Cannabis and hemp in Africa are big business, and that could be great news for a continent that struggles to feed its people.
A New Frontier Data report entitled, ‘The African Regional Hemp & Cannabis Report, 2019 industry outlook,’ just found that Ethiopia’s cannabis market potential could stand at the $10 billion mark. New Frontier Data, based in Washington, has a mission to “elevate the discussion around the legal cannabis industry globally by providing unbiased vetted information and educating stakeholders to make informed decisions.” And some stakeholders and other investors will be delighted with the findings of the new report.
Africa, as a continent, is the poorest in the world. Ethiopia is one country in Africa that’s struggled financially, and even to feed its people regularly. While Nigeria already enjoys a booming $15.3 billion cannabis industry, Ethiopia is the second biggest – estimated around $9.8 billion. The study looked at legal and illegal global cannabis markets, reporting a figure of $344.4 billion globally, with Africa’s share of this standing at 11 percent; a total of $37.7 billion.
The new report, which covers 13 countries in Africa, including around 565.4 million people, found that roughly 42.8 million of that number are cannabis users. Another interesting finding from the report is that about 6 percent of people in the world use cannabis. Africa’s consumption rate though stands at 11.4 percent, almost double the average, according to the report (although these figures need to be understood correctly and in context).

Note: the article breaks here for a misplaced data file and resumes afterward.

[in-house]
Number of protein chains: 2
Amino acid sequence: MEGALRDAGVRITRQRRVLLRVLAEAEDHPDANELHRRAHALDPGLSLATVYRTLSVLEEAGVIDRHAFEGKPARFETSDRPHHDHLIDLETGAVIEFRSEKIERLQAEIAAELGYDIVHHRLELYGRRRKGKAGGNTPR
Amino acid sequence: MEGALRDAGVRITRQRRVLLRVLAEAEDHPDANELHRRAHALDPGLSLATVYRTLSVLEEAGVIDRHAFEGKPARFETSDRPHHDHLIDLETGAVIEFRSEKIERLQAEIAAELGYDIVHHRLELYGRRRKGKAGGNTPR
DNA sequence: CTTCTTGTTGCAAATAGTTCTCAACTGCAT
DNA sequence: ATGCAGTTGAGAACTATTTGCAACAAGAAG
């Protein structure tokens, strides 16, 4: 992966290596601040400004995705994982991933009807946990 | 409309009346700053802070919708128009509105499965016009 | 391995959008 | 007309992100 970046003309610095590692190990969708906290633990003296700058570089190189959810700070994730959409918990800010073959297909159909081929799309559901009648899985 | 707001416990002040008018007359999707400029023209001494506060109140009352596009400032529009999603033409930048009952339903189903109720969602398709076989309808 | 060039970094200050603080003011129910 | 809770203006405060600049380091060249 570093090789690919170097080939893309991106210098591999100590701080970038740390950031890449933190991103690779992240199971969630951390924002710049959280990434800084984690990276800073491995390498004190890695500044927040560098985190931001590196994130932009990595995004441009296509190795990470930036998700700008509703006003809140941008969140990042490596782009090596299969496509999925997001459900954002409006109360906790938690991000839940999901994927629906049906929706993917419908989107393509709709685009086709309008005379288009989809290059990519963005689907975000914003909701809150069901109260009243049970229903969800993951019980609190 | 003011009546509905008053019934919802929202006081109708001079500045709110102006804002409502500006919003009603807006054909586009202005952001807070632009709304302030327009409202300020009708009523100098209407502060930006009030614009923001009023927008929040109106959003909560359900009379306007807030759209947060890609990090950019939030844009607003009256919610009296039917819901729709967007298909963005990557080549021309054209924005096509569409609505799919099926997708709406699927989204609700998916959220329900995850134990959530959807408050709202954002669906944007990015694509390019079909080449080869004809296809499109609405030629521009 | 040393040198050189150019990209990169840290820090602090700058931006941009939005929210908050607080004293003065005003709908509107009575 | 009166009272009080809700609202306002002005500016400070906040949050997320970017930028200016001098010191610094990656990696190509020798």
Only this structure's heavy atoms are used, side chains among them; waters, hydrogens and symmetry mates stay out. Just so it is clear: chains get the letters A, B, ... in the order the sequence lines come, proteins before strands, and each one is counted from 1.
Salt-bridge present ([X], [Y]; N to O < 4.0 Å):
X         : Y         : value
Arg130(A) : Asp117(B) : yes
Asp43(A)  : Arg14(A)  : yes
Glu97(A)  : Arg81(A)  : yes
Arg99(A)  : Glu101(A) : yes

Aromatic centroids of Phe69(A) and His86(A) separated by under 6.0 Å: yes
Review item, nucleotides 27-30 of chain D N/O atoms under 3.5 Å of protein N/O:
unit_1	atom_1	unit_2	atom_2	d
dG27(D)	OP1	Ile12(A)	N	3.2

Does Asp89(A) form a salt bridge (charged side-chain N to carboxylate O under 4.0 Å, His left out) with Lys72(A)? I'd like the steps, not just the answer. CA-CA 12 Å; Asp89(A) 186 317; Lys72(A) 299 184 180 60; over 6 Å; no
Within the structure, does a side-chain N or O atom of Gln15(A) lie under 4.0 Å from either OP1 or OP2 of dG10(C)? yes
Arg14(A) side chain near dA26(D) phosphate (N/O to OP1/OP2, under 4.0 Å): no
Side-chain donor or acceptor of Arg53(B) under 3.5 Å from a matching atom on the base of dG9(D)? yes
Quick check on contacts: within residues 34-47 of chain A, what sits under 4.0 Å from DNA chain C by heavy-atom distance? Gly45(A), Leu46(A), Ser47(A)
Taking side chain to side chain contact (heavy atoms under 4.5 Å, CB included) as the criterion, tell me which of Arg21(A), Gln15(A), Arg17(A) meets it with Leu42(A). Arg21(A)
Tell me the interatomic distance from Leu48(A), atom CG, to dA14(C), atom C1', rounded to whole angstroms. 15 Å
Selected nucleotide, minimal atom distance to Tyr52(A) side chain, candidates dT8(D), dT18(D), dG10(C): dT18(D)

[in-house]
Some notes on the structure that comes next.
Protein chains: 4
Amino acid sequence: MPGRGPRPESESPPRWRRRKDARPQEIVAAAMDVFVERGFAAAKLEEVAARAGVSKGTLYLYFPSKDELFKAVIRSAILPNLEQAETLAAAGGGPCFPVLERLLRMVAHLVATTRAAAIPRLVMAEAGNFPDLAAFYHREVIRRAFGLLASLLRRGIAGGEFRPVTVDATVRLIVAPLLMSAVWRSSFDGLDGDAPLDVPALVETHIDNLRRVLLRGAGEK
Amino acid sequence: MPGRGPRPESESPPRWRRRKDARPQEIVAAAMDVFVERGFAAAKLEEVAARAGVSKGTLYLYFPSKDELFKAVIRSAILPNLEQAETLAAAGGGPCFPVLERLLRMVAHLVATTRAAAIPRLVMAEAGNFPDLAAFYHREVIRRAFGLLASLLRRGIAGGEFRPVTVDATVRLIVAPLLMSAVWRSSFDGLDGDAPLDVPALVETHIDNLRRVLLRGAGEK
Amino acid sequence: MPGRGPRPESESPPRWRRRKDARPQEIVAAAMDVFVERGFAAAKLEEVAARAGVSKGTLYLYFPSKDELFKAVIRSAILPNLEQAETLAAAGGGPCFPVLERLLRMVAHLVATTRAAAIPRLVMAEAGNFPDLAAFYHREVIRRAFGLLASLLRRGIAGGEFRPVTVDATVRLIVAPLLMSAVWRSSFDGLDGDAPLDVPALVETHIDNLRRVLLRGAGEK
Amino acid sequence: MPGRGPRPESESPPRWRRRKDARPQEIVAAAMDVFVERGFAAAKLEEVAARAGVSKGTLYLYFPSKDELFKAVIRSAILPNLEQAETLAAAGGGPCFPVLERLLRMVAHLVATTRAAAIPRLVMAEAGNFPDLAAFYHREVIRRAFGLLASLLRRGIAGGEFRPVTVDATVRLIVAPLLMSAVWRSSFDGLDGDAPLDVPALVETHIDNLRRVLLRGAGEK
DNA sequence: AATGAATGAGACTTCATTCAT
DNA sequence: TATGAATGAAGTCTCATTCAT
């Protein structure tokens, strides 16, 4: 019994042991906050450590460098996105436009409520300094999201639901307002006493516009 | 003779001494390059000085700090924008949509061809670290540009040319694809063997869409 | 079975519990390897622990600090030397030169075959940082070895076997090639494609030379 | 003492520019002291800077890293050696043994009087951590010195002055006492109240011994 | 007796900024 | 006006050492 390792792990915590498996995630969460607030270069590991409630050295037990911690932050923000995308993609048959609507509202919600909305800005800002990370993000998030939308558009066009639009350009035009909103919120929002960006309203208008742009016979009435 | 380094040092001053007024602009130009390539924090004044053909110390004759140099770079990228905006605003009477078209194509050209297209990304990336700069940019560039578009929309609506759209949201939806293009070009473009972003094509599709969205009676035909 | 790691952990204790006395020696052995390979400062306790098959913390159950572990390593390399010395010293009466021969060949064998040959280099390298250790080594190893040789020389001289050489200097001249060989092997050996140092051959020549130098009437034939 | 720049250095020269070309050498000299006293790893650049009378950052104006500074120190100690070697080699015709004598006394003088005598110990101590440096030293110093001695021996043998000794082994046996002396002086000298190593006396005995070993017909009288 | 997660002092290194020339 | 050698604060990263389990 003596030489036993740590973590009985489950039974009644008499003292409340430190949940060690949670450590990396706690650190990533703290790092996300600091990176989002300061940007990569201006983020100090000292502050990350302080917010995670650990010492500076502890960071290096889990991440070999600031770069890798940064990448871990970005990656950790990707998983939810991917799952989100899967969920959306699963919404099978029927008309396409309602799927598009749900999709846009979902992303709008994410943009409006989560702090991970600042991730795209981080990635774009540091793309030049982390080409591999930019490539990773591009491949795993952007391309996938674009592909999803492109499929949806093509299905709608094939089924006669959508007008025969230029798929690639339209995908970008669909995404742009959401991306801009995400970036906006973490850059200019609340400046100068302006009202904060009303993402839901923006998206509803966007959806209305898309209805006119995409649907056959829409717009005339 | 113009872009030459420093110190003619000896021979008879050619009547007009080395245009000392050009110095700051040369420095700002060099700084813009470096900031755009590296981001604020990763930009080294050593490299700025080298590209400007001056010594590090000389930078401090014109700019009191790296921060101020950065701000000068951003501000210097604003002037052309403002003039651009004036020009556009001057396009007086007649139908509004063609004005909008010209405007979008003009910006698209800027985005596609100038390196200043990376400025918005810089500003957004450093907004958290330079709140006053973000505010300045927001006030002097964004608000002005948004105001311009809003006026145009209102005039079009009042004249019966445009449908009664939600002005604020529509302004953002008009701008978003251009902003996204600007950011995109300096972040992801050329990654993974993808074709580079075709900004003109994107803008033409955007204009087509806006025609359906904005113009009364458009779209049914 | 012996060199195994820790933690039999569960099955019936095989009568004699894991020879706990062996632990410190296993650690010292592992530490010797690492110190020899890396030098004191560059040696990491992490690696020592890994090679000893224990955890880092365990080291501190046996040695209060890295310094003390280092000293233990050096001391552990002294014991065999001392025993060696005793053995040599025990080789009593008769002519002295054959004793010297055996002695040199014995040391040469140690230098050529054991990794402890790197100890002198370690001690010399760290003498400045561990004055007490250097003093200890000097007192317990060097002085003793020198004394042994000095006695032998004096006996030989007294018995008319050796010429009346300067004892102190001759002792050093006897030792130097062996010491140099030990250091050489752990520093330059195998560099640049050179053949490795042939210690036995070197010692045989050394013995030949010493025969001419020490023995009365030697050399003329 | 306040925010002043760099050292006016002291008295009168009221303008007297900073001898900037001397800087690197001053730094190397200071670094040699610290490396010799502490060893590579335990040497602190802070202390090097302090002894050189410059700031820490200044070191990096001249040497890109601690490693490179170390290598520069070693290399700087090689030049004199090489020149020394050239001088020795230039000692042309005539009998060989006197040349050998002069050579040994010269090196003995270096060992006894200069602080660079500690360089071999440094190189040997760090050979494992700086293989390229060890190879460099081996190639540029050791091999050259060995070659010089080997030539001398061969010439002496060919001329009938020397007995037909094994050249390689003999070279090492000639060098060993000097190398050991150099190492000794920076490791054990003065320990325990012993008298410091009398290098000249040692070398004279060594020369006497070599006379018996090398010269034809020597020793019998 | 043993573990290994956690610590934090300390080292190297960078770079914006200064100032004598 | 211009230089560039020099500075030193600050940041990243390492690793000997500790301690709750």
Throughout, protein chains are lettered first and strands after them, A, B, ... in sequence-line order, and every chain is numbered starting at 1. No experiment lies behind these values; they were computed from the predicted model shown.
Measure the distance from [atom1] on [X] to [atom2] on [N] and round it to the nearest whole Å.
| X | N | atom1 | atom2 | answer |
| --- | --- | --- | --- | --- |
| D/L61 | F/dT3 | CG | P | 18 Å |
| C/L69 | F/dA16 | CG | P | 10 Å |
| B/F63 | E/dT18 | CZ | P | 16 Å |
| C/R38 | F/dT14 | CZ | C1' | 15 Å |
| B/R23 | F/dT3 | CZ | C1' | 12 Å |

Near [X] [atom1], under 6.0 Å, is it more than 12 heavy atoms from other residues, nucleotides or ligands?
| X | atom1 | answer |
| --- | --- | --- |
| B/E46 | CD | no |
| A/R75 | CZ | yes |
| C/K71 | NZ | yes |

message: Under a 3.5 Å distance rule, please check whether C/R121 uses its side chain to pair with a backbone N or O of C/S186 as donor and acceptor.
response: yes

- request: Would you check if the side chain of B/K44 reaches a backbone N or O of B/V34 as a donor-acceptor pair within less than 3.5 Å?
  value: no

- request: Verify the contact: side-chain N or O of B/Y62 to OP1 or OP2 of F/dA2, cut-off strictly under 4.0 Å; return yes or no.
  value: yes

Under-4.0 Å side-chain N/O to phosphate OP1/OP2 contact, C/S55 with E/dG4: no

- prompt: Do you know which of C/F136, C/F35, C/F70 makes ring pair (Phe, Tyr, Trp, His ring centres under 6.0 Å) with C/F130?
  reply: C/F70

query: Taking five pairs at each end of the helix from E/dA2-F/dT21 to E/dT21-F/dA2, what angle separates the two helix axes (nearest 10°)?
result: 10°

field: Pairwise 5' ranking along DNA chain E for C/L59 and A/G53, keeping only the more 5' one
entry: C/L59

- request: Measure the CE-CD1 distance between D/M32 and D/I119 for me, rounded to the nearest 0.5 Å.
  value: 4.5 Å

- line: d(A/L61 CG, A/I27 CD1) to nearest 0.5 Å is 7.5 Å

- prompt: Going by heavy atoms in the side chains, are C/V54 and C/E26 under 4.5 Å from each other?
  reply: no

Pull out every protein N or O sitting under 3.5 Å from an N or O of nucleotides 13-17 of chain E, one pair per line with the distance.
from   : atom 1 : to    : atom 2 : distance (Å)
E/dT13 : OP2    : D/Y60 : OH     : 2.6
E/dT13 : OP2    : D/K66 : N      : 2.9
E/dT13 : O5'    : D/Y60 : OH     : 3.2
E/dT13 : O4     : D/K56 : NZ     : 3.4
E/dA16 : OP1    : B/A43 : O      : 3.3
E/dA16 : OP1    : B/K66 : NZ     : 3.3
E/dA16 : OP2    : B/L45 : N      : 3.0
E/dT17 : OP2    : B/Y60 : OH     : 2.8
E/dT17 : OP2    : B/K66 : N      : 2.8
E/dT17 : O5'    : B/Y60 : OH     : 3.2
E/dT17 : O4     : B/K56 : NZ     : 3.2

According to the New Frontier Report, published on their website, “The continent’s growth presents opportunities for both medical cannabis and industrial hemp (a strain of the Cannabis sativa plant species that is grown specifically for industrial use). Hemp is a source of fiber and oil, with seed being grown in more than 30 nations today.”
In terms of the findings of the report, it’s not merely about cannabis for medicine; it’s about hemp for industrial use too. The widespread cultivation of hemp in Ethiopia would stimulate the economy and create tens if not hundreds of thousands of new jobs. Moreover, hemp cultivation could be even more lucrative for the Ethiopian textile sector than cotton.
The report noted that hemp is easier and cheaper to cultivate than cotton and grows quicker too. “Locally sourced hemp fabrics may be a viable supplement to Ethiopia’s cotton textile and garment industries. Hemp cultivation requires about a quarter of the amount of water than that of producing cotton, and hemp can be planted much more densely, resulting in higher yields,” the report noted.
Even though it’s technically illegal to cultivate or use cannabis in Ethiopia, it is grown widely and used by many people. One area where cannabis grows in abundance is the Shashamane area, which was settled by Rastafari immigrants. Nevertheless, there has been no significant investment in cannabis in Ethiopia, and it’s not hard to see why.
Minister of Health Amir Aman (MD), said in a statement “The Ministry of Health’s position regarding the growing of cannabis (and hemp) for medicinal purposes in Ethiopia has neither been recognized nor sought after. And no regulatory approval was given. Requests for such investments have been and will continue to be denied.” With comments like that, it’s little wonder that investors are keen to pump in money.
It remains to be seen whether or not the authorities in Ethiopia will relax their stance on cannabis and hemp. If they do, it could see a massive and badly needed financial injection into the African nation.